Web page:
You can’t help but be inspired by Brent Tate. He’s had three knee reconstructions, plus a career-threatening neck injury that sees him still wear his distinctive neck brace. It’s a miracle he’s even playing football, let alone shining on rugby league’s greatest stage.
Tate was sensational last night, diffusing bombs with consummate ease, running hard off his centre, making crucial scoots from dummy half, and completing some fantastic tackles. He was the Maroons best player, and when you consider what he’s overcome, it makes his story even more impressive.
As for the Maroons five-eighth, what more can you say? Thurston was at his dazzling best in the opening encounter of this year’s series.
His patience, skill and precision with the ball in-hand are fantastic to watch. The Blues right hand side defence certainly agrees, because they were caught watching him several times. He mesmerised Carney, Morris and Uate in setting up Darius Boyd’s two tries.
In my preview to last year’s series and this year’s, I mentioned how Queensland rarely make mistakes when given a chance inside their opponents 20 metre line. It’s Thurston’s decision making and skill that makes this happen.
He is just a wonderful footballer.
4. Jarryd Hayne = Origin
After last night’s game, anyone who questions Hayne’s selection in an Origin team should be admitted to a psychiatric hospital.
Hayne should now be awarded lifetime selection for the Blues until the day he retires.
It’s clear that Hayne is that rare player whom, no matter what type of form he’s in at a club level, always performs for his state. Queensland made a habit of selecting these types of players, and became renowned for it. New South Wales need to take a leaf out of the Maroon’s book and understand that some players are just Origin players, plain and simple.
Hayne has not only never let anyone down at Origin, he’s consistently been the Blues best player. A sky blue jersey is his for as long as he wants it.
5. Minimal changes for game two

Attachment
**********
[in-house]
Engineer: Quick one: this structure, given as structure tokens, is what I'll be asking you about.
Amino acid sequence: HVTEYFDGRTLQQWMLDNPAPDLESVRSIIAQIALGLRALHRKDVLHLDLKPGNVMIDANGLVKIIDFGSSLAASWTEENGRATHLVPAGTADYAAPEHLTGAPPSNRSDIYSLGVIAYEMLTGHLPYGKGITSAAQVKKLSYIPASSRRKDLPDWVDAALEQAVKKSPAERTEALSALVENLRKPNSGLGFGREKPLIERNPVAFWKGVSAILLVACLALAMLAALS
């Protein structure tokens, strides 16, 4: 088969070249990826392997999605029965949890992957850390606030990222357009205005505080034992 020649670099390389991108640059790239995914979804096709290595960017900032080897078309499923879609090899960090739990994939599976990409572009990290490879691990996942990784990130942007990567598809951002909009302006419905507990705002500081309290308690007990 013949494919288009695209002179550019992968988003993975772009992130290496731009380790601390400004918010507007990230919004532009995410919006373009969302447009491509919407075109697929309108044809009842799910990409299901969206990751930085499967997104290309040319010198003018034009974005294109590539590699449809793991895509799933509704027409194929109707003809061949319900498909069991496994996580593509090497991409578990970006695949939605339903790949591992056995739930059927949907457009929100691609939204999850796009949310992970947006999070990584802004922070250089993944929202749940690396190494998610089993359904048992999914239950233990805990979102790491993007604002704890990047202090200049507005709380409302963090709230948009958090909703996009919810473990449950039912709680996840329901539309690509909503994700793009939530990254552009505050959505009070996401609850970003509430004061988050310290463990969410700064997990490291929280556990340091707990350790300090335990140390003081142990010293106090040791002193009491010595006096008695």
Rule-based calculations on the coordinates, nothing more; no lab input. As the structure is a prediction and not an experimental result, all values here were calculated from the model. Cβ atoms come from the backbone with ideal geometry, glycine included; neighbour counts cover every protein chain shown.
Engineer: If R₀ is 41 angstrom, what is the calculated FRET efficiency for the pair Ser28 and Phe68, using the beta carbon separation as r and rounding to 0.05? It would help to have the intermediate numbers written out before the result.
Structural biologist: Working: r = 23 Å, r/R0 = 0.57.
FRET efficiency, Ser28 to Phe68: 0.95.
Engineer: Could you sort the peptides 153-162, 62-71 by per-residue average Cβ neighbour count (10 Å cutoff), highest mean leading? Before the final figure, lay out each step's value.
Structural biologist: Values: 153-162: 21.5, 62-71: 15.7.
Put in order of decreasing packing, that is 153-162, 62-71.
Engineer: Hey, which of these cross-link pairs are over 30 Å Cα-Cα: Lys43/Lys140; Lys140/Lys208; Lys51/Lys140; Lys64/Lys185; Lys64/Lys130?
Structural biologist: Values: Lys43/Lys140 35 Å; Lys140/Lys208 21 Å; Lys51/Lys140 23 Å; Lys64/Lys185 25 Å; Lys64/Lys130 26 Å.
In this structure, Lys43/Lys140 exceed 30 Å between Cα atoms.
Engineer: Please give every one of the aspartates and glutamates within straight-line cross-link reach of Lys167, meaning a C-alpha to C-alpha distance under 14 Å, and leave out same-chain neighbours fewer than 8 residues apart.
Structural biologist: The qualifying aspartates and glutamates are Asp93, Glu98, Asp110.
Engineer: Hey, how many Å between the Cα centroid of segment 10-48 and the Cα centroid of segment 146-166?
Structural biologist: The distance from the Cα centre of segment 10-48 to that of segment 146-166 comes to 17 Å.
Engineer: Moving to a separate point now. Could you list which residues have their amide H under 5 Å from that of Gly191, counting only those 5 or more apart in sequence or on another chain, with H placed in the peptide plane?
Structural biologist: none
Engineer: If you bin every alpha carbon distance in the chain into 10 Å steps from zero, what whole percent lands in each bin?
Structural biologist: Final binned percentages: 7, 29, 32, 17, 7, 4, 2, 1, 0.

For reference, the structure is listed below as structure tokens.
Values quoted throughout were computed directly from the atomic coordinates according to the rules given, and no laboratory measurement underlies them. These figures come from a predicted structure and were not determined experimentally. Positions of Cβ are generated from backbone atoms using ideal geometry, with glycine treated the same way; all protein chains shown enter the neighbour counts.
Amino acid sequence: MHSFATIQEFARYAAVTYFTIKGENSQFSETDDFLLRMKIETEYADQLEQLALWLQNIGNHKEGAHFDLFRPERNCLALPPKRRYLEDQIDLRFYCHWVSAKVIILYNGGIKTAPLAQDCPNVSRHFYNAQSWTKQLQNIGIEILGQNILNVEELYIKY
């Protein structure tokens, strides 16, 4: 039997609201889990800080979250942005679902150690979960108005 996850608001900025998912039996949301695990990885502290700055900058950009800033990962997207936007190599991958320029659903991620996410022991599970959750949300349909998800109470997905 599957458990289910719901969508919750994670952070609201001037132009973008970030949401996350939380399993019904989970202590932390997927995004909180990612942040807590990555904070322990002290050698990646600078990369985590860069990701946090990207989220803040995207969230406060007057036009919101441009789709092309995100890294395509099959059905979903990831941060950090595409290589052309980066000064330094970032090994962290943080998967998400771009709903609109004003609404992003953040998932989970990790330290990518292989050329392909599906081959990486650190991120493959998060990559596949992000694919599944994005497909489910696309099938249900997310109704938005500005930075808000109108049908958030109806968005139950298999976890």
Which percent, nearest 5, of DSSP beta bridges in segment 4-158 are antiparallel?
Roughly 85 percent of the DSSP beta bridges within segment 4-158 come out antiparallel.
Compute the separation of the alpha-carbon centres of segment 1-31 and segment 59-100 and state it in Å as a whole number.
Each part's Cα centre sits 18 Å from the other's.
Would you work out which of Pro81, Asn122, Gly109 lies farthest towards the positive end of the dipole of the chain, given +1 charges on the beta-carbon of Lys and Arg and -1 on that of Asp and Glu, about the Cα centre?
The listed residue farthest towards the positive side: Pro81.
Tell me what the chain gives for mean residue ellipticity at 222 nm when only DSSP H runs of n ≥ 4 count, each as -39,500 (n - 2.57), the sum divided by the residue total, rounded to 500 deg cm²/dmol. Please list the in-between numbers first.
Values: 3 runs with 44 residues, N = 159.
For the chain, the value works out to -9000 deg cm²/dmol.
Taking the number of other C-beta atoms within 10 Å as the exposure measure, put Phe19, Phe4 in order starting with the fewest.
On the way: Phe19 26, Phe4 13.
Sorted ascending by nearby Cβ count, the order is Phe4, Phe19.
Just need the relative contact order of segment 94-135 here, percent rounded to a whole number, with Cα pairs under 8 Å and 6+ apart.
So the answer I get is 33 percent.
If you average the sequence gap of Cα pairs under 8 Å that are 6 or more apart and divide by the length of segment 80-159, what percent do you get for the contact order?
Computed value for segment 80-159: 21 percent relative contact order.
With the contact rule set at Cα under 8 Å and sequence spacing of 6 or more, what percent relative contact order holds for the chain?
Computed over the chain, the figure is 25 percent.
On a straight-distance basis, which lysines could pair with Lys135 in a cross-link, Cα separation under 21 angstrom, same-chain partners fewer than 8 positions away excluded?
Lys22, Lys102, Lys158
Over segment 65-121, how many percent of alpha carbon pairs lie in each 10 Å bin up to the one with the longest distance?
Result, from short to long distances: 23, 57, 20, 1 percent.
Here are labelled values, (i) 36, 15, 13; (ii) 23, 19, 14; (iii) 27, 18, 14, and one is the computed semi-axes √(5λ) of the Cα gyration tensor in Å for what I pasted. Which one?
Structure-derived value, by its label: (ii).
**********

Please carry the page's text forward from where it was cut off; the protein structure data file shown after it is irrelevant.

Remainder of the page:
Queensland won’t make any changes to their team, unless they have injury or suspension worries. Mind you, that shouldn’t come as a surprise to anyone. Queensland hardly ever make changes and are known for their loyalty.
For New South Wales, despite the fact that they lost, they shouldn’t make any changes to their team either.
The Blues have a reputation for panicking and then chopping and changing their playing group. However, they need to show faith in the 17 players that were selected, because the Blues were the better team for the majority of the night.
The four players that may come under heat are Akuila Uate, Todd Carney, Ben Creagh and Jamie Buhrer .
Uate was badly found out defensively a number of times, particularly coming off his line, and was subsequently punished by the patience and brilliance of Thurston. However, his outstanding series last year, along with the promise he showed in attack, means he has the credits in the bank to earn a reprieve and therefore selection in game two.
Todd Carney was nervous in his Origin debut and it showed. He made some costly errors, particularly with the boot. On a few occasions, his mistakes had the simultaneous effect of relieving pressure on the Maroons, while heaping it on the Blues.
However, once he settled into the game, he made some nice runs and passes, and he’ll have learned a lot about the step-up in football from club level, and therefore be better in game two.
Ben Creagh was lucky to be selected and will be incredibly lucky to play again this series.
The other player that might come under pressure is Jamie Buhrer. Not because he did anything wrong, because he didn’t. It’s simply a case of what I feared going into the game: he didn’t have a role. He played less than 10 minutes as back-up hooker, giving Robbie Farah a quick, but unnecessary breather.
I think his bench spot could be better utilised by picking another forward with some size.
Where the definite changes should be made is the referees. All three should be dropped.
Matt Cecchin seemed to have little feel for Origin football. And video referee Sean Hampstead’s clanger is all the evidence you need to punt him.
Ryan is an ex-representative basketballer who shot too much, and a (very) medium pace bowler. He's been with The Roar as an expert since February 2011, has written for the Seven Network, and been a regular on ABC radio. Ryan tweets from @RyanOak.